How to Start a Dissertation: New Answers to Old Problems

This article doesn’t give technical guidelines for starting your dissertation. You will not find an explanation of how to complete your research methodology selection or your dissertation structure because your college or university will have the technical aspects covered in their approved guidelines. Instead, this article offers tips, solutions and advice to help you get your dissertation off to a flying start.

Create a skeleton plan before you start

Your plan is your most important thesis-writing tool, but your first plan needs to be a skeleton plan. It should only feature a basic dissertation structure, and possible areas of research. As your project progresses and your research intensifies, you may then add meat to the bones of your plan.

Consider your research methodology

Your research methodology is another thing you should start right away, but be wary of starting and finishing it before you actually start writing your dissertation. It sounds counter-intuitive because how can you complete your research correctly if you haven’t decided upon your research methodology? However, many students complete their methodology and soon discover that it doesn’t fit with their project and have to go back and re-examine their methodology.

Do preliminary research

Doing preliminary research is a matter of common sense. The students who jump right into writing might think they have the right idea, but their work is often useless and has to be heavily edited or removed from their dissertation. Spend your time writing short notes as you do your research to get a feel for the topic you are writing about.

Complete your research methodology section

After you have completed your dissertation plan, your time plan, your preliminary research, and you are looking to start turning some notes into actual dissertation content, then you should complete and finalize your research methodology section.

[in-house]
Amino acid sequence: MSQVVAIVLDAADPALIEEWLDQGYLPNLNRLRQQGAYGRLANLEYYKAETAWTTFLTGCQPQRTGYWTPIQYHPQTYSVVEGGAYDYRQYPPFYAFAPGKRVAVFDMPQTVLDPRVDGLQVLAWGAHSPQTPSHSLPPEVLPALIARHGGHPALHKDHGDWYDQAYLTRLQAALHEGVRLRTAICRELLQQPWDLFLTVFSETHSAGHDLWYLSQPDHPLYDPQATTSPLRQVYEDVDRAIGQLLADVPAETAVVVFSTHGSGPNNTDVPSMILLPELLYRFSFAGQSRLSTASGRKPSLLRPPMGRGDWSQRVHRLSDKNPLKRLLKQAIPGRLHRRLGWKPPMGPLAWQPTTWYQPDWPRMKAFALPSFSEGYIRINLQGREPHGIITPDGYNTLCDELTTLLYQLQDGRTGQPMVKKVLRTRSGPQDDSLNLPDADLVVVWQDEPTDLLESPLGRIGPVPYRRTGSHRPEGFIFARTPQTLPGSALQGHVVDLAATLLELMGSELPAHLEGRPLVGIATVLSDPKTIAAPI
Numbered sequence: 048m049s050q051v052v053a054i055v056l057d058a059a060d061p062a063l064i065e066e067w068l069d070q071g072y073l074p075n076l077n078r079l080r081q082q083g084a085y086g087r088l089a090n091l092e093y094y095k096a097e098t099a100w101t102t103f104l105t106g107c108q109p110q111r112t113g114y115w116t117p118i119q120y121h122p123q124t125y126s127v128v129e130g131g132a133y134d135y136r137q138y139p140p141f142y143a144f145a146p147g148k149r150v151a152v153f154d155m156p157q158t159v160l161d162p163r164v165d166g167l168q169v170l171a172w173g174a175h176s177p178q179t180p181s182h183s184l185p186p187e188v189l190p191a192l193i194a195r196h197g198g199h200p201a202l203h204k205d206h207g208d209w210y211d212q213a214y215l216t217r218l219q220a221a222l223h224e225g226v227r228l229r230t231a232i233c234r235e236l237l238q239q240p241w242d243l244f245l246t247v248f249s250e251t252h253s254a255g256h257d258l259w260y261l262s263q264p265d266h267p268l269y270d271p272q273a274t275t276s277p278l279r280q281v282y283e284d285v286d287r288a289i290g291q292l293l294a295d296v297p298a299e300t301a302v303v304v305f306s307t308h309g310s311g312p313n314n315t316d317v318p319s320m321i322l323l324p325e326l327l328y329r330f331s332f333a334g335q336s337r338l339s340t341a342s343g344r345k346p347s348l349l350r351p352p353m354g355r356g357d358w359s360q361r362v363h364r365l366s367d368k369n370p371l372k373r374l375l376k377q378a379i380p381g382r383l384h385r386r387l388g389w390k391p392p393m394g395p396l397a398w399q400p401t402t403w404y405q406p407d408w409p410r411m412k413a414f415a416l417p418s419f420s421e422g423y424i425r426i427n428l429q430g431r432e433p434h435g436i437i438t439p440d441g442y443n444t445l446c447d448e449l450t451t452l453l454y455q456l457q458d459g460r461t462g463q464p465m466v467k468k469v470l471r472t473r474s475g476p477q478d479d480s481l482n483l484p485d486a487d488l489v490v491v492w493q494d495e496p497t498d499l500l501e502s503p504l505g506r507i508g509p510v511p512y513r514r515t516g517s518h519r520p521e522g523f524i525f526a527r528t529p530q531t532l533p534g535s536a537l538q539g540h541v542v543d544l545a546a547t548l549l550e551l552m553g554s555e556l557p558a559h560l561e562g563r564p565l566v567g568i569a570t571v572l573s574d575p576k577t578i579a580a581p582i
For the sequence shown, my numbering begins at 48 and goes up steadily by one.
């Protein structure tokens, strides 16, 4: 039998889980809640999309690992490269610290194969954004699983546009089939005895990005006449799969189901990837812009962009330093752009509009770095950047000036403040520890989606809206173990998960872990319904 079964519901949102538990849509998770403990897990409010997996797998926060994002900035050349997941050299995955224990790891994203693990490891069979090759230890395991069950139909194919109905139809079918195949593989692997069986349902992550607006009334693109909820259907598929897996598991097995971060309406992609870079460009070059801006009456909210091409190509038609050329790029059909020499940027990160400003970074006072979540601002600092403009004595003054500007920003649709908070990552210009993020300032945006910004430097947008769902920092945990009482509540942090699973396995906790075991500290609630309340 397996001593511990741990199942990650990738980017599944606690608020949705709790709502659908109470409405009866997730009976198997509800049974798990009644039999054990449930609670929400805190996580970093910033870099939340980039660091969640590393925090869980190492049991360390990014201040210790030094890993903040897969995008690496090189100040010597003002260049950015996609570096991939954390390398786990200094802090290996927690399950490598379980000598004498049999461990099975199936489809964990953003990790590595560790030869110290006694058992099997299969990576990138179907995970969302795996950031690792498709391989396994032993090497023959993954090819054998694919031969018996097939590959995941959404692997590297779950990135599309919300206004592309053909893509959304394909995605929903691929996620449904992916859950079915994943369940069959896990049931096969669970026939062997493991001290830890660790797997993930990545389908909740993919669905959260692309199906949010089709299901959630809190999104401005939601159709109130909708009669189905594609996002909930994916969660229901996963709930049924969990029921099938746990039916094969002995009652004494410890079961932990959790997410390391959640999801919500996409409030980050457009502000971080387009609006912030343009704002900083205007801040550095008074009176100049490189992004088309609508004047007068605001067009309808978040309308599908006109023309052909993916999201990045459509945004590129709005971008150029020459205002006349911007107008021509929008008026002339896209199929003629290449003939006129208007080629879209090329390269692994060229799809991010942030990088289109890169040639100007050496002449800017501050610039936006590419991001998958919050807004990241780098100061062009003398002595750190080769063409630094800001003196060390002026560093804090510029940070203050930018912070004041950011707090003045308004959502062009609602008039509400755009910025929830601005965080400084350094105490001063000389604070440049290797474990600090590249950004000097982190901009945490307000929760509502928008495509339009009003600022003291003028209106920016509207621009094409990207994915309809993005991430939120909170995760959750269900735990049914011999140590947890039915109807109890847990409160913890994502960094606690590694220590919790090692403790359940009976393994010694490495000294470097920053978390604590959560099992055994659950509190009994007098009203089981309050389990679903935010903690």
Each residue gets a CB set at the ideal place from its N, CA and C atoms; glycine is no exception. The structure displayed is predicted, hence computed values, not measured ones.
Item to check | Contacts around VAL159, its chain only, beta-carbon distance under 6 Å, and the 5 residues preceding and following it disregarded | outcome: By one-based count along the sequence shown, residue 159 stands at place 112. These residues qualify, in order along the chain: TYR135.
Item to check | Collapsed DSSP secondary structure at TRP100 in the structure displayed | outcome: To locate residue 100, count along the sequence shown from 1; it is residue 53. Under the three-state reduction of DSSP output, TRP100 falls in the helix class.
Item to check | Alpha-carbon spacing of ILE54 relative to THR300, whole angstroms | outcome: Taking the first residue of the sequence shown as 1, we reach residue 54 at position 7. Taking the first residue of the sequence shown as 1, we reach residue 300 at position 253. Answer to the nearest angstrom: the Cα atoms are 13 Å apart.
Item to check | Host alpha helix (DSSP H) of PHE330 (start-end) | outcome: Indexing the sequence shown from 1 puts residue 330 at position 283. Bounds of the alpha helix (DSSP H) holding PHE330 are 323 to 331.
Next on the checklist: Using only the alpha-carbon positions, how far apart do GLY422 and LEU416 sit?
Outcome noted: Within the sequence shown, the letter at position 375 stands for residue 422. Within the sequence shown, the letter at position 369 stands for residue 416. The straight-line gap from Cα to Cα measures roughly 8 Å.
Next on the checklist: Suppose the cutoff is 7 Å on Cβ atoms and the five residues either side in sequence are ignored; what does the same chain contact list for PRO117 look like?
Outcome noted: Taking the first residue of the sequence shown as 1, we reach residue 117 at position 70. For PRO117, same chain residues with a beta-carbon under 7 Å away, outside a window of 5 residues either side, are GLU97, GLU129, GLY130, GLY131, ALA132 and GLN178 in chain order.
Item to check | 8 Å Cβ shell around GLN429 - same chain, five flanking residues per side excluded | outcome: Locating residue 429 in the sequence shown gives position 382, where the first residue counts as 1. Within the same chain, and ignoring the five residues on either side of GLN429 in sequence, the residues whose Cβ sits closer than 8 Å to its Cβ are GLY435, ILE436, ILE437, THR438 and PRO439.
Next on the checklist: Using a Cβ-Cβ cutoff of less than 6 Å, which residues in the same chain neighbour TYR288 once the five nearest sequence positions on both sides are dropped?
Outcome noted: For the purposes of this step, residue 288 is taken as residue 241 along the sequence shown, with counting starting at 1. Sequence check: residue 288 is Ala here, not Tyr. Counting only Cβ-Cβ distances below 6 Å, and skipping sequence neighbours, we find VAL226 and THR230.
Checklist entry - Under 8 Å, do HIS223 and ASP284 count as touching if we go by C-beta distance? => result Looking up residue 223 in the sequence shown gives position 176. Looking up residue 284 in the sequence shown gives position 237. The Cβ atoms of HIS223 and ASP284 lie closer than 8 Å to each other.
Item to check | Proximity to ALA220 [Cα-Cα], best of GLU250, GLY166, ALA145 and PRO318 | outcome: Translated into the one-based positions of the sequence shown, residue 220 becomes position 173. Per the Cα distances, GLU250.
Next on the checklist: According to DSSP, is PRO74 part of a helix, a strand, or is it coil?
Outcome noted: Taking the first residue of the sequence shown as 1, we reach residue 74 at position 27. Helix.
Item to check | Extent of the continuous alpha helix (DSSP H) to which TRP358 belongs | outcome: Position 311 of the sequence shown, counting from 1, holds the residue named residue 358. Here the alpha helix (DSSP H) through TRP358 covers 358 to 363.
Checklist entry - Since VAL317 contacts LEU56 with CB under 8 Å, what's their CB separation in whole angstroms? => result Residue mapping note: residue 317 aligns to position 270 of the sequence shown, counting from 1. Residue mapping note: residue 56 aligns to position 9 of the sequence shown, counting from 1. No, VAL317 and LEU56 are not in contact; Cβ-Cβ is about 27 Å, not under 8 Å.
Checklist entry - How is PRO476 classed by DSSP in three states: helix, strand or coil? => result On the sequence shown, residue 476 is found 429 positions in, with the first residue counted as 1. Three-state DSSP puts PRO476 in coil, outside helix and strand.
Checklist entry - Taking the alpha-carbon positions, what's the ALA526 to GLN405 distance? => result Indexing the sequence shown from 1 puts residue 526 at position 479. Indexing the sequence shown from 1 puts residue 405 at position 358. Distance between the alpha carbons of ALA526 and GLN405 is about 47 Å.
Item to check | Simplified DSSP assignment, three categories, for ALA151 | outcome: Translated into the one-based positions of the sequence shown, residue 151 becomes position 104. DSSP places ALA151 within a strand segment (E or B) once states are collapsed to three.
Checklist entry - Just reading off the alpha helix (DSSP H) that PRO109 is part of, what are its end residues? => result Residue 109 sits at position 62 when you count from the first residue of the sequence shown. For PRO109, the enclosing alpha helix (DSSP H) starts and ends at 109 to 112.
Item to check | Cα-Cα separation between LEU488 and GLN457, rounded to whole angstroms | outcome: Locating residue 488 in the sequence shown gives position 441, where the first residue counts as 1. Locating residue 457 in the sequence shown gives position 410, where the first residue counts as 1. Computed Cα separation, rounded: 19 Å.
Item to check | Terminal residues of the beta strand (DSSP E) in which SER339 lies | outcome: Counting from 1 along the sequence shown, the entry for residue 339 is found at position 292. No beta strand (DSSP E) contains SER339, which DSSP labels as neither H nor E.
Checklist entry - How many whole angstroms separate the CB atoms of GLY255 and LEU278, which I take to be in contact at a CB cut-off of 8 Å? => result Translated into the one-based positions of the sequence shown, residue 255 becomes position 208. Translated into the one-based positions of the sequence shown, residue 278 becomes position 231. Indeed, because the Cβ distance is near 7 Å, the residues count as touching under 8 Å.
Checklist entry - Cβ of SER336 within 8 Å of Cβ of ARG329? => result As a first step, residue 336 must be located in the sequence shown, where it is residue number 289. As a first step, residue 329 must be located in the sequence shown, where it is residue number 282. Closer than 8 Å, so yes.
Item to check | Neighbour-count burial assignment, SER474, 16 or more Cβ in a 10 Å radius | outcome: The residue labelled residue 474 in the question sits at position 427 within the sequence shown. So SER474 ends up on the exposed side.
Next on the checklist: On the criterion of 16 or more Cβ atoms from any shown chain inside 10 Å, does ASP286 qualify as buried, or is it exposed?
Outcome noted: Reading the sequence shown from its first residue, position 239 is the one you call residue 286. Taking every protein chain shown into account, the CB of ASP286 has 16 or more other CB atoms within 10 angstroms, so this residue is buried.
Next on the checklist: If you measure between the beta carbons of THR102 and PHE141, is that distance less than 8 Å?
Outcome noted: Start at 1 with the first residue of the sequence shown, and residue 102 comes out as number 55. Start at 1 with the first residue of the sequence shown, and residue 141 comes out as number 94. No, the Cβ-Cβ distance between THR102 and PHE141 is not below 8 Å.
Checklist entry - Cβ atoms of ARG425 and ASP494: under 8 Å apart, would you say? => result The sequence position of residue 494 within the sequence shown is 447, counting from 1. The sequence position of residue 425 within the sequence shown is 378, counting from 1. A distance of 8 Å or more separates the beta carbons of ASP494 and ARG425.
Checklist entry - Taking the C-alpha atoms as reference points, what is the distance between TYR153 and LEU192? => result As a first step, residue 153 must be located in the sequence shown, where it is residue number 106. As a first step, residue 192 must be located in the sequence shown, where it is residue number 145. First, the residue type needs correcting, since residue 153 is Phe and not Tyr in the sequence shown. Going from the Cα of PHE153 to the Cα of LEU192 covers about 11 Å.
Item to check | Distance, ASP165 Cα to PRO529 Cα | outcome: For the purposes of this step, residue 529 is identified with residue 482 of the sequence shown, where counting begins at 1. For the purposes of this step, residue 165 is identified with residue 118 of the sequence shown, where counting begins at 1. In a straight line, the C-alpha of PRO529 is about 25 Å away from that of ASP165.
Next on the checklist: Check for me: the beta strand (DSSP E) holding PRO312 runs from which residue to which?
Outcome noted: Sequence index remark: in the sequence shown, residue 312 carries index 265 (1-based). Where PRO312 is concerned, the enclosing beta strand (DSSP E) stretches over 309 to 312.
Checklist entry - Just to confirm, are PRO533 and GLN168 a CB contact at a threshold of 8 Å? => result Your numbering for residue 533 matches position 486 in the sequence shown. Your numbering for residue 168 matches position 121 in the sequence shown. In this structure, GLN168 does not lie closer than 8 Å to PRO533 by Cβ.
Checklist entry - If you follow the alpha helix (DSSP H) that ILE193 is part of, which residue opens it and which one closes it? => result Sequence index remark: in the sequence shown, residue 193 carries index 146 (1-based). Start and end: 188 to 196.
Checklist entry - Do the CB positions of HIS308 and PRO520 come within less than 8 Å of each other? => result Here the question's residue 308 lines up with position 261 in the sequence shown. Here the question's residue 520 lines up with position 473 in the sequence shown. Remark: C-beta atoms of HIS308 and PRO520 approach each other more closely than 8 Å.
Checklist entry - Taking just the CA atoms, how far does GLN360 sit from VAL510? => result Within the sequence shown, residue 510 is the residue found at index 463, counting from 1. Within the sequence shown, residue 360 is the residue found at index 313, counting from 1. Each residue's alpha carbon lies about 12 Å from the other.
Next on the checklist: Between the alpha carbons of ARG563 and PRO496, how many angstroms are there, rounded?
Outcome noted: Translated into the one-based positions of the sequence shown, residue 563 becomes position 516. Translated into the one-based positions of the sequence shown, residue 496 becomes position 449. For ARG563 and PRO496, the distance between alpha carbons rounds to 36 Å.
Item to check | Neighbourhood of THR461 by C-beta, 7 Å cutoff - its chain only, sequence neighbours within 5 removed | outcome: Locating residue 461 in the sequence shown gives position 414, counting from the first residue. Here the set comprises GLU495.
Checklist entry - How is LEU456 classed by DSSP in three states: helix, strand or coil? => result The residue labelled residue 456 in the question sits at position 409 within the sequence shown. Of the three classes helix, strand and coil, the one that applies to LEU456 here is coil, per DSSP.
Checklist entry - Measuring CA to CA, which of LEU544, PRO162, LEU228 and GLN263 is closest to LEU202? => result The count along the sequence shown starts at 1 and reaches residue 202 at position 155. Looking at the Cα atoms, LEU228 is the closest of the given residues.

Justify your research methodology

How you justify it is up to you, but the fact you have tried your methodology before finalizing it on your paper may help inspire you as to justification reasons and possible evidence. Maybe you can find other studies that did their research the same way you did when you conducted your preliminary research.

Seek lots of advice about practical exercises

Practical exercises, especially for research gathering and data collecting, are one of the few elements that determine if your dissertation passes or fails. It is imperative that you seek advice from your professor, other experts, and other literature that details tests/data/practical gathering/collecting similar to what you are doing. This is one of the few times when you are justified in running back and forth to your professor if you are not 100% sure your practical exercise will be faultless.

Create a time plan

Planning your dissertation and planning your time are two very different things. You have to pretend you are a staff member in a business and you are setting your work hours.

Set contingency plans very early

Time planning is important—especially near the beginning of your project—but what is more important is your contingency plan. Your productive time will be interrupted, changed or taken from you, so set contingencies. For example, can you substitute time with friends if your working hours were soaked up unexpectedly this week?

Do not tell your friends and family you are working on a dissertation

Graduates will advise that you never tell your family or friends that you are writing a dissertation. They will not be interested, they will try to put you off, they will try to pull your idea down, or they will pretend to be interested with dumb questions that annoy you.

Do not ask your peers about their progress